The month of Dhul Hijjah has arrived, we nearing the end of the blessed ten days and Eid al-Adha is upon us.
Ibn Abbas reported: The Prophet, peace and blessings be upon him, said, “No good deeds are better than what is done in these first ten days of Dhul-Hijjah.” (Bukhari)
Abu Qatada al-Ansari narrated that the Prophet, peace and blessings be upon him, was asked about fasting on the Day of Arafah, whereupon he said: It expiates the sins of the preceding year and the coming year. (Muslim)
We also have a few announcements.
With Eid al-Adha around the corner, it is not too late to donate your qurbani. Please support and help alleviate the sufferings of fellow Muslims in Yemen, Nigeria or the Rohingya in Bangladesh. For more information and to donate, click on the donate link below.
Watch: Poetry Reading with Baraka Blue: The Art of Remembrance
Last month, IHRC hosted an event with Baraka Blue who discussed and read poems from his new collection, The Art of Remembrance, interspersed with commentary about the great tradition of Islamic poetry and spirituality, as well as personal narrative from his journey.
Baraka Blue is a poet, musician, author, and teacher from Seattle, Washington. In addition to releasing multiple studio albums, authoring books of poetry, and performing internationally, Baraka Blue is a prolific educator with a master’s degree in Islamic Studies from the Graduate Theological Union in Berkeley. He spent a number of years studying with traditional spiritual masters in Africa, Turkey, Asia and the Arab world and founded the Rumi Center for Spirituality and the Arts which provides online courses to seekers from anywhere in the world.
Below are books that are currently in stock:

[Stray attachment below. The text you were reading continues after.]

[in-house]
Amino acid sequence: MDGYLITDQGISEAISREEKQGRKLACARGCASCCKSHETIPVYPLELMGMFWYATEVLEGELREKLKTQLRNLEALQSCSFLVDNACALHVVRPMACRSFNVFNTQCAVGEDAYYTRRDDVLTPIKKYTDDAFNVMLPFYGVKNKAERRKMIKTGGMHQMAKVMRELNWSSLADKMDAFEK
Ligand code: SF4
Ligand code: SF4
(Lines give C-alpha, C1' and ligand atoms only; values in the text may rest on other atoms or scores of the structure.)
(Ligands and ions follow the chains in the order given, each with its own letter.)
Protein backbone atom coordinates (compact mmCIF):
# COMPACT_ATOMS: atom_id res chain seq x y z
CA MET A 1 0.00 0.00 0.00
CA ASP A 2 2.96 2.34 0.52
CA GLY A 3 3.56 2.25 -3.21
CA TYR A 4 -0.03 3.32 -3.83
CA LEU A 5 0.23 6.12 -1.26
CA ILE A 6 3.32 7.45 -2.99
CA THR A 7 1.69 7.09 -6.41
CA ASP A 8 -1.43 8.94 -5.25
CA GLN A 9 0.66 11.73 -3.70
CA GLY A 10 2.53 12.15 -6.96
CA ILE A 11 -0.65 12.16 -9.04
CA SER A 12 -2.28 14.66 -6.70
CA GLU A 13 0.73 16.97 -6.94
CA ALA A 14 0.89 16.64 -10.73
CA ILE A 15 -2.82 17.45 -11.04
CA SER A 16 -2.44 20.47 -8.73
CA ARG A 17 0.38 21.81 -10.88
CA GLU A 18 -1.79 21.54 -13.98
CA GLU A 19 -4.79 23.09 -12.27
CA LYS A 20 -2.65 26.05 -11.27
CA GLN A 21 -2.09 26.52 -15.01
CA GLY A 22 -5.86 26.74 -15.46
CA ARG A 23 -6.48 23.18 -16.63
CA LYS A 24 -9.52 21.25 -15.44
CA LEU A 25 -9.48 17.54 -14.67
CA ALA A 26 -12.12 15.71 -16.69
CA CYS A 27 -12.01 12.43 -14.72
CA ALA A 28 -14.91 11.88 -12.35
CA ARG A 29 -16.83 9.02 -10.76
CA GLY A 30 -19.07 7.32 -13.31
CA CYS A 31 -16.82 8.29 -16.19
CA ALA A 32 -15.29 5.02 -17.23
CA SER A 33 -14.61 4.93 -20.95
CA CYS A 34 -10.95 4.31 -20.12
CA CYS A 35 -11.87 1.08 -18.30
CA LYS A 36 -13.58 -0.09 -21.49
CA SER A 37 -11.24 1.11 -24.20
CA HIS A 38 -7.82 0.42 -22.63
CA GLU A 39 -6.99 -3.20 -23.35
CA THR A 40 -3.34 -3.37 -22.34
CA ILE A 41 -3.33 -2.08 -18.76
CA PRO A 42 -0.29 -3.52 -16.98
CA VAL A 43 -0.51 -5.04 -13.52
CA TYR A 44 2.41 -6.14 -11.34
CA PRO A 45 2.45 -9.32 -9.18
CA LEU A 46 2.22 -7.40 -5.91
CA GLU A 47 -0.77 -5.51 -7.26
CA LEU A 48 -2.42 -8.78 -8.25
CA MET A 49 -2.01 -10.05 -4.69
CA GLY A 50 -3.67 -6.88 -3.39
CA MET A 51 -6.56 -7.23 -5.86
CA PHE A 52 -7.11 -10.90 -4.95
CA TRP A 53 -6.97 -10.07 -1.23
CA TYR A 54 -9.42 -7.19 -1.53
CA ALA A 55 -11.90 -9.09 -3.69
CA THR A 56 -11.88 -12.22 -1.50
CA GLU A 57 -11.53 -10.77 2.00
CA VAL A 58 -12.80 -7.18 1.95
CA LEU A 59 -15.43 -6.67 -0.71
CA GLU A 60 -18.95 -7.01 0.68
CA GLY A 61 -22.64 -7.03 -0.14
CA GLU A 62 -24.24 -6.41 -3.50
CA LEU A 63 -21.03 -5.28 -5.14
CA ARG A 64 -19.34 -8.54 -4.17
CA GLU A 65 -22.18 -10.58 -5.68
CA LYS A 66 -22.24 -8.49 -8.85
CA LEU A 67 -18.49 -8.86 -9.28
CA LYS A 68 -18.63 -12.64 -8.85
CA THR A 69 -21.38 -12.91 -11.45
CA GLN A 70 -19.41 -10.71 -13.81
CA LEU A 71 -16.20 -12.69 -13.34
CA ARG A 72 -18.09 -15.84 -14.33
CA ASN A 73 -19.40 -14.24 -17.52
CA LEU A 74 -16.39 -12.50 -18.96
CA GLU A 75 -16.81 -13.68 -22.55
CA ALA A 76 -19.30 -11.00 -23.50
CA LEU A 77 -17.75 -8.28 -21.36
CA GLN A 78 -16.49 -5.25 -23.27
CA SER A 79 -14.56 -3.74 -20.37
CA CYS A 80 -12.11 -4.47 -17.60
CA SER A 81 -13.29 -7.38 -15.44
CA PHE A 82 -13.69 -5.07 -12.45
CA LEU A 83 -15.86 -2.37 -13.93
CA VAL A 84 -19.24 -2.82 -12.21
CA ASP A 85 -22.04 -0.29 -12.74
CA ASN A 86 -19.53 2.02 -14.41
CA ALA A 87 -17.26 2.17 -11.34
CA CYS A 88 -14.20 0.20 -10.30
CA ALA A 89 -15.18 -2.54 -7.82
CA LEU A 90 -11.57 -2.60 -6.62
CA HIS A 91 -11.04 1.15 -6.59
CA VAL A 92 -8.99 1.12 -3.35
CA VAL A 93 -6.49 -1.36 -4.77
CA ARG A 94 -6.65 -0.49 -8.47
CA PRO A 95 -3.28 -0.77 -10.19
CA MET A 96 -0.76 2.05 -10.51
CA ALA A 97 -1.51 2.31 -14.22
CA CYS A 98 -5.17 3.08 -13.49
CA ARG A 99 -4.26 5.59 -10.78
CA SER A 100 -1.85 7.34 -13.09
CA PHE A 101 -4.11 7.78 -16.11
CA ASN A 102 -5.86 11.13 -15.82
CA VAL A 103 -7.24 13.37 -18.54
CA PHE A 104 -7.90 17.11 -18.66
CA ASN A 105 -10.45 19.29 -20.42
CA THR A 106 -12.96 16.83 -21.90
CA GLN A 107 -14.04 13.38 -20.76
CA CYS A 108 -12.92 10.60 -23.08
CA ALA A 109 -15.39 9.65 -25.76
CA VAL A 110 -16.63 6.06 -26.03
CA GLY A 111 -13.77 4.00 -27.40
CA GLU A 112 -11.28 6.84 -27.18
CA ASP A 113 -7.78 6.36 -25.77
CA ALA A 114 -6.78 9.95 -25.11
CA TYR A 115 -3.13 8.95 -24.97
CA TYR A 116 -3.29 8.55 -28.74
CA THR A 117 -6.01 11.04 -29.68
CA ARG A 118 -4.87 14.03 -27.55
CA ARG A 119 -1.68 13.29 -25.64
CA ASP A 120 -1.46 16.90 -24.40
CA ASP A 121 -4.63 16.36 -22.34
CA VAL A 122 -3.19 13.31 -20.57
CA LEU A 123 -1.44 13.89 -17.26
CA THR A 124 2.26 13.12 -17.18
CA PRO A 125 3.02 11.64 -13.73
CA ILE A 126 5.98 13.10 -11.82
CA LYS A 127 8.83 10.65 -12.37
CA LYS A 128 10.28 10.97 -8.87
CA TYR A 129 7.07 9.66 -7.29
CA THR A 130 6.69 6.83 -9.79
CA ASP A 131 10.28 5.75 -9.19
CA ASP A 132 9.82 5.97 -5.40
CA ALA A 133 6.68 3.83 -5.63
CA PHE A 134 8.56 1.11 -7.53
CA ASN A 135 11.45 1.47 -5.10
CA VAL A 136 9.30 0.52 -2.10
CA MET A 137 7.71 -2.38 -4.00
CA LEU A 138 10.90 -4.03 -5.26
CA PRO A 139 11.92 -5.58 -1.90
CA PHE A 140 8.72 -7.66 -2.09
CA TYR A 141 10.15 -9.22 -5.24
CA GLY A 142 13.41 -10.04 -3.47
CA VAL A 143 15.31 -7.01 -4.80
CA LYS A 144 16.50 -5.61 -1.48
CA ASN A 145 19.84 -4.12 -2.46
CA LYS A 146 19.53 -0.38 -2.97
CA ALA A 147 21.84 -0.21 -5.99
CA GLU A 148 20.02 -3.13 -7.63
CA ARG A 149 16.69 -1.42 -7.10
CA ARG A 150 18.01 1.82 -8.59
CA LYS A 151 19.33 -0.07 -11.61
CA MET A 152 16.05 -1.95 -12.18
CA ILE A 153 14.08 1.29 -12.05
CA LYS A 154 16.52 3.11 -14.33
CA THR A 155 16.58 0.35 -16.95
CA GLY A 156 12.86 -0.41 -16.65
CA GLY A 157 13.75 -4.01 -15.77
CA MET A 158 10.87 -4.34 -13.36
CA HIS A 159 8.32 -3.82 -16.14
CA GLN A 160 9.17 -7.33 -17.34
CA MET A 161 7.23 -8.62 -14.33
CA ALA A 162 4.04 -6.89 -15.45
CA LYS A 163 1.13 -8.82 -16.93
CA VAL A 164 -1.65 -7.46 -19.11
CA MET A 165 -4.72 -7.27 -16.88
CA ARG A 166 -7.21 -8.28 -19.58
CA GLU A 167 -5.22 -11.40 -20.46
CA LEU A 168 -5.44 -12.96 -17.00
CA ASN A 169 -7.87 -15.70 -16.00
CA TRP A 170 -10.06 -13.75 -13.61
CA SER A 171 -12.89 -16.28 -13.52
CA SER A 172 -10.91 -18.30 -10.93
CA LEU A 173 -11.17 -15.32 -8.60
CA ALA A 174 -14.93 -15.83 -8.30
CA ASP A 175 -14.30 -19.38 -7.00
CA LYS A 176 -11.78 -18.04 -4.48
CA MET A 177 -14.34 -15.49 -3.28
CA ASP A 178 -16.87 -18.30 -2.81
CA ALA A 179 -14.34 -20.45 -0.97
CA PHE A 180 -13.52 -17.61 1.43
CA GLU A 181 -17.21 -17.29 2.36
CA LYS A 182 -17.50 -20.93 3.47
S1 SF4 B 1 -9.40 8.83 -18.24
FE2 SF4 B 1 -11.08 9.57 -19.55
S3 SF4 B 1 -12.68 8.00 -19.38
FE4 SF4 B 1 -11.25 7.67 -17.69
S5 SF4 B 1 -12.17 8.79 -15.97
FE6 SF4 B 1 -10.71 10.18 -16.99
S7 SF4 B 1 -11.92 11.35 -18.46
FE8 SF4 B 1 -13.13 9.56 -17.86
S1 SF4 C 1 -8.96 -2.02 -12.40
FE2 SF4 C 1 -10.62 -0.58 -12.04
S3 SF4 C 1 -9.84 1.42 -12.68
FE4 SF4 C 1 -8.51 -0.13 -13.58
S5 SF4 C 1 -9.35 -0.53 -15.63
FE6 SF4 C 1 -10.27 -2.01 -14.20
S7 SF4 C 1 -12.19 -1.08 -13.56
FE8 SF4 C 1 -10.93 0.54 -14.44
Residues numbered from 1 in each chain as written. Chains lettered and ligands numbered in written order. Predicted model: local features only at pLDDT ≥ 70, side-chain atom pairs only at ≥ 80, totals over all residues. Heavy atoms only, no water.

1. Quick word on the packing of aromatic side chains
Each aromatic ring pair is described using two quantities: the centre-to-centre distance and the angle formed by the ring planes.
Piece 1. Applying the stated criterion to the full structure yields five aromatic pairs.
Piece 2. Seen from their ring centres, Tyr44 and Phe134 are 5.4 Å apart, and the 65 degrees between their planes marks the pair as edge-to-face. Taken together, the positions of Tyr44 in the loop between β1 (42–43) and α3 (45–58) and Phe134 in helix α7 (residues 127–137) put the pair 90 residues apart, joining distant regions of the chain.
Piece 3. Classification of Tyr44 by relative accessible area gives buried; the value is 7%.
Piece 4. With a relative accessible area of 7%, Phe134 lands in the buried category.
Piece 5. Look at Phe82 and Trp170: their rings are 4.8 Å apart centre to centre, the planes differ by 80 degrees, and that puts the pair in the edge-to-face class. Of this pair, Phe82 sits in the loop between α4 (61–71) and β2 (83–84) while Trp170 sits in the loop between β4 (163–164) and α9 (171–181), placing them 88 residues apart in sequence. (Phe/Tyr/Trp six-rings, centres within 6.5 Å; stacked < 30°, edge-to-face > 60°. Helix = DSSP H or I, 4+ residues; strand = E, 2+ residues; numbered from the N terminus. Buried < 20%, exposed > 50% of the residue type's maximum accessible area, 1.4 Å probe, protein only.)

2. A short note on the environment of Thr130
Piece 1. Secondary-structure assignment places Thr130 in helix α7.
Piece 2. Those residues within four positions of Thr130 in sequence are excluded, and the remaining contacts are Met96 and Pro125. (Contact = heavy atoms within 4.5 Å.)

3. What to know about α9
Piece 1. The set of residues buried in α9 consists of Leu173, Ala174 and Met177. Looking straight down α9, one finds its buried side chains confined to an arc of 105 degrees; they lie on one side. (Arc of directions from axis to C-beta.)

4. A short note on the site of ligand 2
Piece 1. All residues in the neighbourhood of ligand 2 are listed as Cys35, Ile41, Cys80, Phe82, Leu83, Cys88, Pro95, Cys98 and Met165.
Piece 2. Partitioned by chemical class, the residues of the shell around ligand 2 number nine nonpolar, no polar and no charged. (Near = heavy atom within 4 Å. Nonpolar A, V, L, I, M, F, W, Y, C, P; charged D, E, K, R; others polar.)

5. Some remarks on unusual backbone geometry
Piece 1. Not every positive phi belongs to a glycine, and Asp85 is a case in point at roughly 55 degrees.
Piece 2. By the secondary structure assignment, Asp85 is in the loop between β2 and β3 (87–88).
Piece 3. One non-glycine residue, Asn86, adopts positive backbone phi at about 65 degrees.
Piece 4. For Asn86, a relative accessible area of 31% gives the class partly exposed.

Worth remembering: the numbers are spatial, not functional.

A beautiful Hajj story about kindness, diversity, and love that will touch your heart
In this beautifully illustrated, whimsical story, a green dinosaur umbrella travels to Makkah and exchanges hands, helping pilgrims along their journey of Hajj.
Illustrated by Rania Hasan.
Hajj is one of the pillars and foundations of Islam, the act of worship of a lifetime, the seal of all that is commanded, the perfection of Islam and the completion of religion. Such a worship deserves that much attention to be devoted to explaining it and to detailing its essential elements, its properties, its merits, and its mysteries. This little book is translated from Kitab Asrar al-Hajj, the seventh chapter of the celebrated 12th-century work, Ihya Ulum al-Din.
Al-Ghazali invites readers to dwell on the subject ofthe hajj beyond its mechanics and rituals, and to pay attention to its true substance, purpose and philosophy. And concerning it the Prophet – the blessing of God be upon him – said, ‘Whoever dies without, having performed the Pilgrimage let him die, if he wish, either a Jew or a Christian.’ How exalted is that act of worship without which religion is lacking in perfection, and the evader of which is equal in, waywardness to Jews and Christians: [Such a worship] deserves that much attention be devoted to explaining it and to detailing its essential elements (‘arkan), its proprieties, its merits, and its mysteries.